Among the more important liturgical books which maybe met with are, the Antiphoner (Antiphonarium, containing the musical parts of the Breviary), the Hymnary (Hymnarium), the Legenda (longer lessons from the Bible, books of sermons, and lives of Saints), the Collectarium (shorter lessons, with their Collects or short prayers), the Processional (Processionale, services during the frequent processions to or from an altar, round a church or cathedral, etc.) Epistolaria and Evangeliaria (containing the Epistles and Gospels of the Mass), the Gradual (Gradale, containing the musical part of the Missal), the Manuale (usually called on the Continent Rituale, comprising the Occasional Services, which, when they were such as only a bishop could perform, were written in the Pontificale), and the Ordinale (containing the rules for the proper sequence of the parts of a service). A Primer is the ordinary Hours of the Virgin with English rubrics, and often with English prayers, the amount of English varying very greatly in different primers. The Portiforium is only the term used commonly in England for the book elsewhere called a Breviary; while a Sacramentary is an early form of Missal before it included the Epistles and Gospels,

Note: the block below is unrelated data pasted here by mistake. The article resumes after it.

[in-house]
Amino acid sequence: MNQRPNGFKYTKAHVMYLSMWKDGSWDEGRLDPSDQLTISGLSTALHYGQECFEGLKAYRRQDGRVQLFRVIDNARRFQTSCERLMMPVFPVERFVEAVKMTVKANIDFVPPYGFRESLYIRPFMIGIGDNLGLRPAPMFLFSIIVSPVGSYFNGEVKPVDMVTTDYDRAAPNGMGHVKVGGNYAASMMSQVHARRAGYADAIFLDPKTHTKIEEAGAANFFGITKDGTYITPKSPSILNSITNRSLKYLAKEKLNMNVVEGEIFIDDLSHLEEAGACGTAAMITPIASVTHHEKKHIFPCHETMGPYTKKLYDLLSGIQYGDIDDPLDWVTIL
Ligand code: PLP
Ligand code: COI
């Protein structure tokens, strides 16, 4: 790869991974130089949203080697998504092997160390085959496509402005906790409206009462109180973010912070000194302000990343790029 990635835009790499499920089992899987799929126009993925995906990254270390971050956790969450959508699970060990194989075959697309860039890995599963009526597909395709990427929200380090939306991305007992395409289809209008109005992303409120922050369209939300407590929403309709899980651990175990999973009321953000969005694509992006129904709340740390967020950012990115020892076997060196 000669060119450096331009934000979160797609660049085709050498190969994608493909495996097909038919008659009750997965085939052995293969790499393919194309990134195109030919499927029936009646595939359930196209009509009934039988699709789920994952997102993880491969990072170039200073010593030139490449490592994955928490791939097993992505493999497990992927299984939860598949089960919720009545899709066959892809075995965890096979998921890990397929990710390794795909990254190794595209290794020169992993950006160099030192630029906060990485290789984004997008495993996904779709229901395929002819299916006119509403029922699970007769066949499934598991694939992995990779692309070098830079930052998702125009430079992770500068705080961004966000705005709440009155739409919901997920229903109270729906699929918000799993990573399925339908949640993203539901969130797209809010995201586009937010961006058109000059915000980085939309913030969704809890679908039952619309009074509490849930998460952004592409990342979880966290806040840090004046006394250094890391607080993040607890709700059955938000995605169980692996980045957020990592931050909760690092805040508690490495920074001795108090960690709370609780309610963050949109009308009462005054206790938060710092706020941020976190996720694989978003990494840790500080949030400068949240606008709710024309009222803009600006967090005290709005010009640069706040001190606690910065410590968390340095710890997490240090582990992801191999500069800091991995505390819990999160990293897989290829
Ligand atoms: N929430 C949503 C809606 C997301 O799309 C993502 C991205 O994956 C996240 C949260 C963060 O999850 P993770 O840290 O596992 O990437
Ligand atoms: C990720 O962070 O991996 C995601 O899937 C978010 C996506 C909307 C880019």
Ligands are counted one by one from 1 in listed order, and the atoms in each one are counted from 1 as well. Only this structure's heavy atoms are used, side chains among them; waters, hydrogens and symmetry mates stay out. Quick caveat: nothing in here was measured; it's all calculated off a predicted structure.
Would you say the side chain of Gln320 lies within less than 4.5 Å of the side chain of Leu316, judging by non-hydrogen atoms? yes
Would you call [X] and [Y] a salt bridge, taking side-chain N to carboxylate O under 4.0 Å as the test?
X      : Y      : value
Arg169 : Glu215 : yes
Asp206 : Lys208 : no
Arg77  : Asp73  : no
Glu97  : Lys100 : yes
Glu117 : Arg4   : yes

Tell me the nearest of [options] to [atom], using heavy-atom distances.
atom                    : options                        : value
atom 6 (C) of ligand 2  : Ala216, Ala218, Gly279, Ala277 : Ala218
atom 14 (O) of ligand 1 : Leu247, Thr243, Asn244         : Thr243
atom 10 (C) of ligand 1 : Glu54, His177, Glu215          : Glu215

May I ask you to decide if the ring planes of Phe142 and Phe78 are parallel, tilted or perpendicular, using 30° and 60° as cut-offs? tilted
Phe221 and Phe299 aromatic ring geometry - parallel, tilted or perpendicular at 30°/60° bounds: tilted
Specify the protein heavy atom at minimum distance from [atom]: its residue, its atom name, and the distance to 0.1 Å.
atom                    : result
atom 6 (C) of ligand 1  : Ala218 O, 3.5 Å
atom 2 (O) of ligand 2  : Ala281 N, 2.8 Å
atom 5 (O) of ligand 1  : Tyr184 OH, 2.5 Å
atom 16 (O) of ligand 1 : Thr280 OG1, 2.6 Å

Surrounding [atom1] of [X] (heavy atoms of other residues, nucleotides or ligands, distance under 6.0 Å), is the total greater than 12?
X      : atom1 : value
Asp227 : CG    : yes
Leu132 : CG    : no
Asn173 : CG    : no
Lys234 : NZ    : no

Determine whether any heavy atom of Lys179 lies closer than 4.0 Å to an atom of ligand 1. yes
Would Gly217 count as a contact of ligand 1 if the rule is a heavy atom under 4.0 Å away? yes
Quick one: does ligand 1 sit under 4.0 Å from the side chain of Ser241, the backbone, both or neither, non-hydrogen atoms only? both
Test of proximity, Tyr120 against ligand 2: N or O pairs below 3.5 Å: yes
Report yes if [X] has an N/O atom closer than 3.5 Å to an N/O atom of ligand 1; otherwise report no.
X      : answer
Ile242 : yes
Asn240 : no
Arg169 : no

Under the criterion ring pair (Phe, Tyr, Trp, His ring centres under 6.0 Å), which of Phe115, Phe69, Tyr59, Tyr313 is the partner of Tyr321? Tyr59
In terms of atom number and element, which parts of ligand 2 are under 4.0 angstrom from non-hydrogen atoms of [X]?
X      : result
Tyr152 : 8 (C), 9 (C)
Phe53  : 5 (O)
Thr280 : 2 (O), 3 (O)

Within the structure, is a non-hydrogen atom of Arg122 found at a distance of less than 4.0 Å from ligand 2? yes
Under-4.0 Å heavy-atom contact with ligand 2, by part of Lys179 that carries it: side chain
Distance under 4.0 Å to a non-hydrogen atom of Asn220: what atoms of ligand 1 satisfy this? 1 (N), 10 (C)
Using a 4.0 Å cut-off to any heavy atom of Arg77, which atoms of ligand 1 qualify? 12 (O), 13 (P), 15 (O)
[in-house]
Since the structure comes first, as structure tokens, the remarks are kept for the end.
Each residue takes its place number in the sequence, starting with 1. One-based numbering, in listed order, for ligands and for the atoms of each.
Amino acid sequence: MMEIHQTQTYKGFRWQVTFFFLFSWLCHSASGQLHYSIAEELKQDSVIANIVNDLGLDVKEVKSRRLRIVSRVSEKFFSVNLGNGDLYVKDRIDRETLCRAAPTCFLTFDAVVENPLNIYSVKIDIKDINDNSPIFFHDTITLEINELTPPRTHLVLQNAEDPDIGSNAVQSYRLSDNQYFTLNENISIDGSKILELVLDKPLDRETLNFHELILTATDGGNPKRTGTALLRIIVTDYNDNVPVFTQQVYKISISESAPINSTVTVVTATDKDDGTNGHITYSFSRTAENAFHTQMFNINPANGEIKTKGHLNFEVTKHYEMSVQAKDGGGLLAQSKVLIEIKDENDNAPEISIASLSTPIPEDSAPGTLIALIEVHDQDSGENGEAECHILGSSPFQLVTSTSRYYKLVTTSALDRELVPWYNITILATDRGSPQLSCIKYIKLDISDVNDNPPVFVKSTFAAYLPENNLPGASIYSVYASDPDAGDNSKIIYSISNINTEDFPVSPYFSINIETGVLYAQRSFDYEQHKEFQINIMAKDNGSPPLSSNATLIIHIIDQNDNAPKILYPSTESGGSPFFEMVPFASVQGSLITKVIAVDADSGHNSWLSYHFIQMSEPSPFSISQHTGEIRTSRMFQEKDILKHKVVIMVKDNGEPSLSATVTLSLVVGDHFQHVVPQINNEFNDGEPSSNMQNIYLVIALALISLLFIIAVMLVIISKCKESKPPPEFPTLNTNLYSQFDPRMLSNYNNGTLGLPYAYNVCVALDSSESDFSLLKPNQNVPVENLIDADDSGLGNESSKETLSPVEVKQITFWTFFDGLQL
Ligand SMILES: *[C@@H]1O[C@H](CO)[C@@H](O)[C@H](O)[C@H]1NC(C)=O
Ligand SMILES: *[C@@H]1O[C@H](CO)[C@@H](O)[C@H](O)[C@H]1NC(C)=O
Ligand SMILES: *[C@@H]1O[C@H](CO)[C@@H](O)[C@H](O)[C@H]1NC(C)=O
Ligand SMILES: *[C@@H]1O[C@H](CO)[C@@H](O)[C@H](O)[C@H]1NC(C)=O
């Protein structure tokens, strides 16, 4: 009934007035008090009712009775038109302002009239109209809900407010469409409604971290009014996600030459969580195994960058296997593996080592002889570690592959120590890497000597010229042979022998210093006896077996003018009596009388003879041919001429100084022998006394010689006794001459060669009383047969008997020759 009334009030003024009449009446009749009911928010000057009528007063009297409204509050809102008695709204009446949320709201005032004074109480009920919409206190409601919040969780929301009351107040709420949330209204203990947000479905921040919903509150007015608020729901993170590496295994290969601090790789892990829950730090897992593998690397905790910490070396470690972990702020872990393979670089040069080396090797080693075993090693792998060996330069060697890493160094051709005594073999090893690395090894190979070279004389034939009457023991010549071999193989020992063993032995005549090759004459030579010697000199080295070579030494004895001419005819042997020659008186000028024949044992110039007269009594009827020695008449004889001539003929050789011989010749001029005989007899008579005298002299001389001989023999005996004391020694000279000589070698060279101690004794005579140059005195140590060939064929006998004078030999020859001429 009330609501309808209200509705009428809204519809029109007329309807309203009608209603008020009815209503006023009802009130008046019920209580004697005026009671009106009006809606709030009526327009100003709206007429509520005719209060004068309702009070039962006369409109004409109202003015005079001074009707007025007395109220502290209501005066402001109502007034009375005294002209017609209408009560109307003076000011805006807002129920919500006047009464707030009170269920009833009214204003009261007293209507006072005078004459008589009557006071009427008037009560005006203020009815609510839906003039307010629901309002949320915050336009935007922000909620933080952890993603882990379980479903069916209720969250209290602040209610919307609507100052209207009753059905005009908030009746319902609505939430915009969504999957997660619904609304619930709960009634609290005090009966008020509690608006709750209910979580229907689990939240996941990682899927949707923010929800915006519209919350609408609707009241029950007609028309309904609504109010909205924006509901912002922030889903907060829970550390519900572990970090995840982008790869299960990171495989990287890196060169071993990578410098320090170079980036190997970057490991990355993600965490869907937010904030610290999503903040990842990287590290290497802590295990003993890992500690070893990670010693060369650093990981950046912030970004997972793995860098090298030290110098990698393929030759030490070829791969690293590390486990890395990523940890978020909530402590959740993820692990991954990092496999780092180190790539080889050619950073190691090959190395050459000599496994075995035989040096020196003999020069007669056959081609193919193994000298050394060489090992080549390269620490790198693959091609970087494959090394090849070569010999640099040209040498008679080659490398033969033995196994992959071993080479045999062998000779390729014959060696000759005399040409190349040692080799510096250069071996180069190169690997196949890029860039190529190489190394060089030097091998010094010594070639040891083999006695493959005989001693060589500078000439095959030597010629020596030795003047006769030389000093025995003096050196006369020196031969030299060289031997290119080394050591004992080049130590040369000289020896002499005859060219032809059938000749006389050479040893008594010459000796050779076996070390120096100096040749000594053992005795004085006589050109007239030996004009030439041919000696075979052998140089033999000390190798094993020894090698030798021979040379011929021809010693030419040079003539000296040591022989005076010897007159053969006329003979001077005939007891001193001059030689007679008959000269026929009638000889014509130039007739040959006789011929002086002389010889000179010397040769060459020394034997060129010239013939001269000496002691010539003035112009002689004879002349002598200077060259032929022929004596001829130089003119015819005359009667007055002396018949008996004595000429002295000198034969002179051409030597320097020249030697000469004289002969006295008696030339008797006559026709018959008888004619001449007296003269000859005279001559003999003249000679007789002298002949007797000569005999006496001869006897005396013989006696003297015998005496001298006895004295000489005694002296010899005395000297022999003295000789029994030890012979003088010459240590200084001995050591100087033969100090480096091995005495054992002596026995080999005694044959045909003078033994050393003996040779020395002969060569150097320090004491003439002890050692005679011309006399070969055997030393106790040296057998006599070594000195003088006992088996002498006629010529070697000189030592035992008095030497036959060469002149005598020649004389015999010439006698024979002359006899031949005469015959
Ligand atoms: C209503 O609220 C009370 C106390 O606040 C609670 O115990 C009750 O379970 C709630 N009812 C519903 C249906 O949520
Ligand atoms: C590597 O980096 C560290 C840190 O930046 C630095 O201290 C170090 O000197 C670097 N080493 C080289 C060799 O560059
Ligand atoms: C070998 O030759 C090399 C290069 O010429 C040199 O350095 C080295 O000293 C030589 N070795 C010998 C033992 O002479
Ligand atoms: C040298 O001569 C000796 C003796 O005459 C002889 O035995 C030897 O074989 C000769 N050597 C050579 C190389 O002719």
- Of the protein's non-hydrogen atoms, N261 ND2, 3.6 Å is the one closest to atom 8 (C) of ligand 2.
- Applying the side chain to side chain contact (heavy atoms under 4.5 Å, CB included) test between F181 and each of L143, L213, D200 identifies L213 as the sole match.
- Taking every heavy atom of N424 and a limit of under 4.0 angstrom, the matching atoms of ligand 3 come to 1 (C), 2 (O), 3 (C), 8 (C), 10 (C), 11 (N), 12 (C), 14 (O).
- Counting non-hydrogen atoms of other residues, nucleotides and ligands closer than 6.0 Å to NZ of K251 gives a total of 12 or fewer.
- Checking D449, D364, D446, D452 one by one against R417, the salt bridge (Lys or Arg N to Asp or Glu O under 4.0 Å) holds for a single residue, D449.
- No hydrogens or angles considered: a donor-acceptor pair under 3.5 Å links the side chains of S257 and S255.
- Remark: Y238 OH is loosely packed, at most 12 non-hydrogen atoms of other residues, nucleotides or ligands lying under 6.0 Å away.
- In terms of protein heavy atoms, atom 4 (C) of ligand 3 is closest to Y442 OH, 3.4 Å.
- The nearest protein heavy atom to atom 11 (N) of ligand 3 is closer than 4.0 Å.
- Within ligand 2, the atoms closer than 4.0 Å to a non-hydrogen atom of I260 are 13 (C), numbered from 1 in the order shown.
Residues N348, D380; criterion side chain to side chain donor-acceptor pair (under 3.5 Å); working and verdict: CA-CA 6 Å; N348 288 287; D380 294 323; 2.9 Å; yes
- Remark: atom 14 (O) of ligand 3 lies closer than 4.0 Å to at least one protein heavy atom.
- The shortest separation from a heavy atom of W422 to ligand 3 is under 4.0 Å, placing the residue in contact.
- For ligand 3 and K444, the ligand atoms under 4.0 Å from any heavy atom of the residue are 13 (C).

It is hardly possible to give more help towards identifying the contents of a book, but in the case of a charter or deed the analysis given on p. 174 will be useful. For other assistance recourse must be had to a librarian or to works of reference.

2. The Age and Place of Writing